We enter 2019 with a great deal of uncertainty due to Brexit, which will no longer be mentioned for the remainder of this article.
It’s futile to predict what will happen with rates this year in the year. Motor insurance could become cheaper because of the Civil Liabilities Act. It could become more expensive if it becomes harder and more expensive to import repair parts.
But whether or how UK leaves the European Union, change is afoot in the general insurance market. The timings and manifestations may be buffeted by political events and their effect on the economy, but these tectonic shifts are long in the making.
1. All change
First, there is change at the top at two of the largest insurance brands. Aviva and Direct Line Group are recruiting for new chief executives following the long tenures of Mark Wilson who left Aviva in October and Paul Geddes who departs DLG this summer. We will see a very different landscape in the insurance market when their replacements join, bringing in new priorities and their own executive teams. Changes at board level take time to filter through to changes that customers see, but the direction will be clear from early on. This blog was first published on Insurance Post.
2. At home with IoT
Home insurance has been relatively static for quite a long time. It’s tough for challengers because the average buildings and contents policy is a relatively low £137. But there are pockets that appear ripe for disruption and which look set to attract more attention and investment.
If it does nothing else, Aviva’s purchase of Neos, announced in November, will create more interest in the IoT space from investors and incumbents alike.
The internet of things more generally is “crossing a chasm”. People with Amazon Echo and Google Home devices are no longer early adopters – they are the early majority. As our Viewbank poll revealed in August, 24% of consumers have an Amazon Echo device at home. And that was before Christmas.
As with car telematics, the largest challenge for connected insurance is to get the devices into homes in the first place and to get people comfortable with the concept. The beauty of Alexa, Hive and Google devices is that they allow consumers to do other stuff that they actually want like playing music or checking the weather. Once you have started adding value to a consumer’s life then the concept of helping them even more by helping them reduce risk in their home is but a hop, skip and jump. The issue here is framing, IoT devices that do something for me, bring value to my life, they make my life richer. Whereas insurance (just) stops me from being poorer.
3. Fractional Insurance
2018 was the year that fractional, on demand insurance went from being an interesting intellectual exercise to gaining real traction. Consumers downloaded Cuvva’s app, which offers insurance by hour, day, week or month, 44,472 times in the last 30 days alone.
Start-ups like this, and Zego which is targeted at people who sometimes use their own vehicles for commercial purposes for deliveries or private hire, are meeting a real demand created by the change in how people use and lend their vehicles. It’s a small jump to imagine a firm like Amazon selling small insurance policies for particular products sold online, in keeping with the trend for micro policies.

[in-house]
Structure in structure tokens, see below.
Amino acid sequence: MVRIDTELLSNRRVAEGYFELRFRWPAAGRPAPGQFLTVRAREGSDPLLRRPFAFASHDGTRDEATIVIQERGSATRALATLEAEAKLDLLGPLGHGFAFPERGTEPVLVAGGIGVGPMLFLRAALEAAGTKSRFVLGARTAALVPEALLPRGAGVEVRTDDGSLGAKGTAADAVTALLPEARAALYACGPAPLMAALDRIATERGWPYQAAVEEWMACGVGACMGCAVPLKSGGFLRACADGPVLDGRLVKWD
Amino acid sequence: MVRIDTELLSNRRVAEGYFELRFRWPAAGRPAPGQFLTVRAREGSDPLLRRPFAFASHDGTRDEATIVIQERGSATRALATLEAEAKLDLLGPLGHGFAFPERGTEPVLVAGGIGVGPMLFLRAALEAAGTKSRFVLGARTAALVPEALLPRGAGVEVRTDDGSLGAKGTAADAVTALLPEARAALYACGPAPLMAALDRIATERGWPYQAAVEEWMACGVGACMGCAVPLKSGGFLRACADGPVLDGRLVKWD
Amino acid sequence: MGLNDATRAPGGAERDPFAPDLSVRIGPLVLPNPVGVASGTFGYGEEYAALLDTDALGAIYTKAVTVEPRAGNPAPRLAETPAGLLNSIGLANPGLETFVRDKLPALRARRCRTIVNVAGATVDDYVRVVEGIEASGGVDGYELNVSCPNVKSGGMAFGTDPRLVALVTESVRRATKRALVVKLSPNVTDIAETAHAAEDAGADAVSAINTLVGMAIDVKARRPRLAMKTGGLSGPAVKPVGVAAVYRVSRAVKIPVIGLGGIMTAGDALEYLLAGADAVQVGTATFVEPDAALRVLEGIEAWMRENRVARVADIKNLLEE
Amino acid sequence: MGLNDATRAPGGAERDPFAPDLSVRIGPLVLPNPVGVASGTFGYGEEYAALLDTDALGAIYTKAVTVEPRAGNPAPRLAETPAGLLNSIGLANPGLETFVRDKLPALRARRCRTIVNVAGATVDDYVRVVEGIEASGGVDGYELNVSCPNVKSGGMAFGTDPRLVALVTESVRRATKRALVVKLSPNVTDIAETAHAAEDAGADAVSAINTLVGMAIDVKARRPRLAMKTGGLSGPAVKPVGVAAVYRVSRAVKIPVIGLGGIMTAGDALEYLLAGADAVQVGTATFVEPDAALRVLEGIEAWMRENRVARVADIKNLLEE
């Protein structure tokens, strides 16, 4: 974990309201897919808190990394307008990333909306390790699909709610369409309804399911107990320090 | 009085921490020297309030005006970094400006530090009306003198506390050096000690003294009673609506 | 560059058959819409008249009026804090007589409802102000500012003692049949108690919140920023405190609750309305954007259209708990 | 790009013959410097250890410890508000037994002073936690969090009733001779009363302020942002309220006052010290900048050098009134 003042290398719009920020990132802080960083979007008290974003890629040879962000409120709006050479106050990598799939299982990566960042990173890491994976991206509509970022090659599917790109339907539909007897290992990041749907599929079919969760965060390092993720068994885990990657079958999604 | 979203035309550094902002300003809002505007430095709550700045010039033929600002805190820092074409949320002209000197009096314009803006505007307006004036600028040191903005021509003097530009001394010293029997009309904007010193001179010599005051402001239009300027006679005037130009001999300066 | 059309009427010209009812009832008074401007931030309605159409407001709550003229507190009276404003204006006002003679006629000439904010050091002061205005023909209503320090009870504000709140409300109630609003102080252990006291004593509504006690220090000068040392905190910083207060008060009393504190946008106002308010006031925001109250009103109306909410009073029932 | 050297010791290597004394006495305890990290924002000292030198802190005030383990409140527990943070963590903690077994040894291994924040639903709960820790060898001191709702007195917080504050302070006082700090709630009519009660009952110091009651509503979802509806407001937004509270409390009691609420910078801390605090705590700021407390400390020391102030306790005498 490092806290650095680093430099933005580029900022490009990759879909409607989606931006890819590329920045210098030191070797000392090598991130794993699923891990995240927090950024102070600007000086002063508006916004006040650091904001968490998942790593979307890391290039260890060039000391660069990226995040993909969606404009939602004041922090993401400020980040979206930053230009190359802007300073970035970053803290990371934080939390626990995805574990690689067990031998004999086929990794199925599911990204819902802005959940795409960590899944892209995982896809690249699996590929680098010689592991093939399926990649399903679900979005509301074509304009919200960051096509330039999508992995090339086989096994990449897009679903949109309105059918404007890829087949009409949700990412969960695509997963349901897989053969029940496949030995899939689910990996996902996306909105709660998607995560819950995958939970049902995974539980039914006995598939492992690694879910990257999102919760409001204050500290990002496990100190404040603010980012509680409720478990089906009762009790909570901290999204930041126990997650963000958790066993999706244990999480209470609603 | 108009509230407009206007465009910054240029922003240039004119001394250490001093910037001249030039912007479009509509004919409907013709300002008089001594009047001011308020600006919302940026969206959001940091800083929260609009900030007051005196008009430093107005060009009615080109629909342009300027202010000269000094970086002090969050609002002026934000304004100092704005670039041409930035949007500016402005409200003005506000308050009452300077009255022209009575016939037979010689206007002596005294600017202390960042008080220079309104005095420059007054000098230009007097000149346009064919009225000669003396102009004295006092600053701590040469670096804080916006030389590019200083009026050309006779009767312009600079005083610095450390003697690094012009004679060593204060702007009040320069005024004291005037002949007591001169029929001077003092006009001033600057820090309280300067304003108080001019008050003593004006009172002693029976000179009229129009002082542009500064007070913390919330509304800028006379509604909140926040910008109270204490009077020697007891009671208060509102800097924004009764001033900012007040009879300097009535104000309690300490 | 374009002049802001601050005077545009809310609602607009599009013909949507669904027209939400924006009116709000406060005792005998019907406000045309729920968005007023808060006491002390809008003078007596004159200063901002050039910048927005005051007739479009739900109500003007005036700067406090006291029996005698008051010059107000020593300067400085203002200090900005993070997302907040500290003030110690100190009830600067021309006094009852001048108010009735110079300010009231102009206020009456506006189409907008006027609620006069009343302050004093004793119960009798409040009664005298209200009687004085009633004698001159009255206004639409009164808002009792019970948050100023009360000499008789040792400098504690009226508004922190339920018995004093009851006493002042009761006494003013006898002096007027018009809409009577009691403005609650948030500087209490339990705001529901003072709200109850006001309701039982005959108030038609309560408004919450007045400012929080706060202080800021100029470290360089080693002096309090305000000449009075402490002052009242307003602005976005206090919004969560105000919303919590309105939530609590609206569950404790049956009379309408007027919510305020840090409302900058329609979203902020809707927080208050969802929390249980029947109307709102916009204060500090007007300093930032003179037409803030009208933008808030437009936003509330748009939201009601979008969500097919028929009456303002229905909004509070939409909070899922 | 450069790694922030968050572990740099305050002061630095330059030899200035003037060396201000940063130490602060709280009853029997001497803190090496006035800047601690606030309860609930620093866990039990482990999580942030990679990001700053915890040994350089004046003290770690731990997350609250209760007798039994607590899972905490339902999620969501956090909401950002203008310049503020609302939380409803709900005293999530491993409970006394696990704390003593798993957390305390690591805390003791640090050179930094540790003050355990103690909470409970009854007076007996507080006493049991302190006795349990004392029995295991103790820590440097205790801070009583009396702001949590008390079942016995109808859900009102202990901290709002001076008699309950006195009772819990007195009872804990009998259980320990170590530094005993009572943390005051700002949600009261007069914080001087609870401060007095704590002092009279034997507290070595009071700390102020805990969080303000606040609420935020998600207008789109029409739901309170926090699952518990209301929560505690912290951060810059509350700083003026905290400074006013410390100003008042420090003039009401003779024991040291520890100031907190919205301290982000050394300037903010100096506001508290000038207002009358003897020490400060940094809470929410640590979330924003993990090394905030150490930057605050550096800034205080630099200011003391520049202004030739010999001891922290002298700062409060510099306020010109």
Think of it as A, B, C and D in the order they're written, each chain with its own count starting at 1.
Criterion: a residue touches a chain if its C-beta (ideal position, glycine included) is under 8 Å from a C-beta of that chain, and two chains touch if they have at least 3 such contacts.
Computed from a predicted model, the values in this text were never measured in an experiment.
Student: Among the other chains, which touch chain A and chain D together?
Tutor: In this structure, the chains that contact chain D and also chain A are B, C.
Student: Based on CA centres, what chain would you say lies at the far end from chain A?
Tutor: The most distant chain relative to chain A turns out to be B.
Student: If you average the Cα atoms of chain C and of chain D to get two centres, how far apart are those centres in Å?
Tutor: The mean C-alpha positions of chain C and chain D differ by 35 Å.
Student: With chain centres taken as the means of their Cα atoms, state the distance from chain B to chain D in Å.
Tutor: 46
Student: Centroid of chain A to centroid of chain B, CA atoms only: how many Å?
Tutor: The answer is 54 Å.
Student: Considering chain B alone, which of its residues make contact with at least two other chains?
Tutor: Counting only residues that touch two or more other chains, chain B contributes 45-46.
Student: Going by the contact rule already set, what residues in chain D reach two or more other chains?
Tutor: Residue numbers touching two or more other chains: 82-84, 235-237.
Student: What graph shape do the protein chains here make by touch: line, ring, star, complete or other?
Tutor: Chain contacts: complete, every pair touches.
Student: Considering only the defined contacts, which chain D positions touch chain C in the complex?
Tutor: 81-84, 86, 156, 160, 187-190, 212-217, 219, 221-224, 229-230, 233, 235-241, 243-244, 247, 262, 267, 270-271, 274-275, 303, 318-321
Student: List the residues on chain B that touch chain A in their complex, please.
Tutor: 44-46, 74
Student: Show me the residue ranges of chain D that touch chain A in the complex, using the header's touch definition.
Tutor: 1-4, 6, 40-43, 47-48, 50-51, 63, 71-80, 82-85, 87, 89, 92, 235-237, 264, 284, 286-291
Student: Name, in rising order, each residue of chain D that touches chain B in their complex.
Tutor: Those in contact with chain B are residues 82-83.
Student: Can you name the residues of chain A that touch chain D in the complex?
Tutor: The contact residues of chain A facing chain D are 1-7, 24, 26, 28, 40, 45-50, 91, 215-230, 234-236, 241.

There are two main constraints to growth for firms in this space – getting enough capacity from underwriters, and distribution to customers because it just doesn’t stack up to pay £40 to a price comparison website (PCW) to acquire a customer with a £10 premium.
Bought By Many is a good example of a firm addressing the second problem well. By creating content-driven communities of pet lovers and looking at the long tail of online searches, they have sidestepped PCWs to develop their own niche customer base with content that starts and ends with customers. Not every firm will be so successful, and we predict that some consumer-focused insurtechs will fall by the wayside in 2019 if they fail to pick up sufficient volumes. Venture capital isn’t sometimes called Vulture Capital with no reason.
Volume-dependent price comparison websites also face a challenge to remain relevant and reflect these options in their searches. It’s not an existential threat, but they will need to find a way to become part of those channels.
4. Look East
I have a very strong sense that an Asian insurer will make an entry into the UK market. A Chinese insurer like Ping An or Zhong An could buy a large firm here and still have plenty of money left over. The question is not whether they could do it, but why? These firms take a 10-15 year view on whether an investment will make a return and are hence more likely to make a move when the currency markets show less volatility or the pound looks like good value. If not in 2019, expect Chinese investment by the end of 2020.
5. Did somebody say super complaint?
The biggest shadow over the industry right now is dual pricing, and the remedies that the FCA could impose on the industry if it doesn’t deal with the issue sufficiently itself.
In a worst-case scenario, we could see PPI all over again if the regulators decide that companies are deliberately overcharging loyal customers and impose fines or name and shame the worst offenders.
Language plays an important role here. One firm’s “loyal back book” could also be a regulator’s “vulnerable customer group”. Insurance brands will need to change their thinking and start to compile evidence that they are taking the matter seriously and not taking advantage of customers who are less able to shop around at renewal.
Voluntarily or by coercion, this will be the year that talk turns to action.
We provide our clients with access to a uniquely comprehensive range of data and insights on insurance and general finance customers and markets.